Song of the Week 15: Women of the World – Ivor Cutler/ Jim O´Rourke

This week´s SOTW begins with a short song/poem composed by the Scottish poet, songwriter and humorist, and all round eccentric Ivor Cutler, who recorded numerous sessions for John Peel´s radio show. He was the bus driver (Buster Bloodvessel) in The Beatles Magical Mystery Tour movie from 1967 and also appeared on ex-Bonzo Dog, Monty Python and Rutles singer/songwriter Neil Innes TV Show.

Born to a middle class Jewish family of Eastern European descent, Cutler cited his childhood as his major inspiration, especially his sense of displacement after his younger brother was born: “Without that I would not have been so screwed up as I am, and therefore not as creative.” In 1942 he signed up for the war effort, joining the Royal Air Force as a navigator, but was soon after dismissed for his “dreaminess”. 🙂 He thereafter moved to London, where he was employed teaching music, drama, dance and poetry to 7 to 11 year olds.

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Cutler wrote children´s books and was a teacher for 30 years in inner city schools in London. He also gave private poetry classes. Live, he would often accompany his singing with a harmonium, but also at times on piano. After Magical Mystery Tour, George Martin produced a jazz/boogie woogie influenced album by the Ivor Cutler Trio featuring Gil Lyons on bass, percussionist Trevor Tomkins and Cutler himself on piano and harmonium. It´s considered the most traditionally musical of his records. His recordings with John Peel introduced him to a wider audience. In his own words: “Thanks to Peel, I gained a whole new audience, to the amazement of my older fans, who find themselves among 16-to-35s in theatres, and wonder where they came from.”

He dressed in his own distinctive style, wearing hats covered in badges, golfing trousers (known as plus fours, four inches longer than knickerbockers), travelling mostly by bicycle and often communicating by means of sticky labels printed with Cutlerisms (“never knowingly understood”, “kindly disregard” and “to remove this label take it off”).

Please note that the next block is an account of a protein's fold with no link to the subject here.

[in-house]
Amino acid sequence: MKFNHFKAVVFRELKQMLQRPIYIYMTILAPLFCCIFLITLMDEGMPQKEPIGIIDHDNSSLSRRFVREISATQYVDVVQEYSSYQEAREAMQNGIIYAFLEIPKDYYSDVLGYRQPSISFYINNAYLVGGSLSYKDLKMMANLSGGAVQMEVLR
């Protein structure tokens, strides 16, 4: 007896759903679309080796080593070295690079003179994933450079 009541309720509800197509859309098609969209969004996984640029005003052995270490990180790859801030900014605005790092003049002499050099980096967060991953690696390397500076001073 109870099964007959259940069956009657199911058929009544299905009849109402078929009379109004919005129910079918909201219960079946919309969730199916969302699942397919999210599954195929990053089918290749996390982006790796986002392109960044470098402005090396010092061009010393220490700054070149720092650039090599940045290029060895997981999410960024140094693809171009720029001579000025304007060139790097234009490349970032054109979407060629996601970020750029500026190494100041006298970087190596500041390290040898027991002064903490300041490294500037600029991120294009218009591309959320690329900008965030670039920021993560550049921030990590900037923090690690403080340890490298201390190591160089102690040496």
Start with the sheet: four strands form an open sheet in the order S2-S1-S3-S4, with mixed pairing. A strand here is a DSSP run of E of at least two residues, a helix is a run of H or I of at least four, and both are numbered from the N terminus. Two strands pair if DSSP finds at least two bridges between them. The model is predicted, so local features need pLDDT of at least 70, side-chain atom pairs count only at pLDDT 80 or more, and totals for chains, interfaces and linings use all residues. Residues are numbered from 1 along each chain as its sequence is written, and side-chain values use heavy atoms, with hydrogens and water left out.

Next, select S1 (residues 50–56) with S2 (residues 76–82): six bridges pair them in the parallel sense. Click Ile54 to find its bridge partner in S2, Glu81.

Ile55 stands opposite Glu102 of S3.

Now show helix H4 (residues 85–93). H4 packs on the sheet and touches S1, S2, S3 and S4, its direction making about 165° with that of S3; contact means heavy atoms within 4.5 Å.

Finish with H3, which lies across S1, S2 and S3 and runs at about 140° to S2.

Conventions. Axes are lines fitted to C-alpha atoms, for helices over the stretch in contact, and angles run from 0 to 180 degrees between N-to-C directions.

He loved bizarre, surreal juxtapositions and paid close attention to the little details of existence, delivering them in naive language, with a frail, halting voice. He liked to bypass the intellect by delivering his monologues in the role of a child.

He released the single Women of the World in 1983, recorded with Linda Hirst, through Rough Trade Records:

Women of the World take over

Because if you don´t the world will come to an end

And we haven´t got long

Men have had their shot and look at where we´ve got

Another eccentric, Chicago born musician and record producer Jim O´Rourke, of Irish American heritage, took up the mantle, covering the song on his brilliant 1999 album Eureka, with album artwork that features a naked fat bald guy being pleasured by a bunny.

Before his solo albums, O´Rourke was fixture on the avant garde/ experimental/ improv scene, but that´s not to say he doesn´t have his melodic side. He´s since released an album of Burt Bacharach covers, and there´s also one of those on Eureka (Something Big).

He takes the Cutler refrain, altering it slightly to: “Women of the World take over for if you don´t the world will come to an end, it won´t take long” and layers it with lush melodic orchestration, fingerpicked acoustic guitar, piano, and backing vocals, ending it with a reverse treatment of the same song complete with a phasing effect.

I saw him about 10 years ago in Whelan´s, Dublin, and he was shepherded off the stage through the crowd by minders as semi drunken revellers tried to talk to him. Seemed a little on the precious side, but I don´t know, maybe he had a headache.

Nonetheless, I like the way an experimental artist such as our Jim can put on the melodic hat whenever he feels like it. I´ve often thought when listening to some of these avant garde artistes that want to be experimental at all costs, is that the most experimental thing they could do would be to write a melody in C major with three chords. They try so hard to be different that they end up always sounding the same. At least in Jim´s case… “it’s a good bet to expect the unexpected with Jim O´Rourke – no matter which hat he’s wearing (solo artist, bandmate, producer, remixer, etc.), each of the endlessly prolific projects that bears his name takes on a shape and identity all its own while retaining the originality and ingenuity that have become the hallmarks of his singular body of work.” From a review by Jason Ankeny

Here he is with Women of the World:

That´s all for this week. See you next time…

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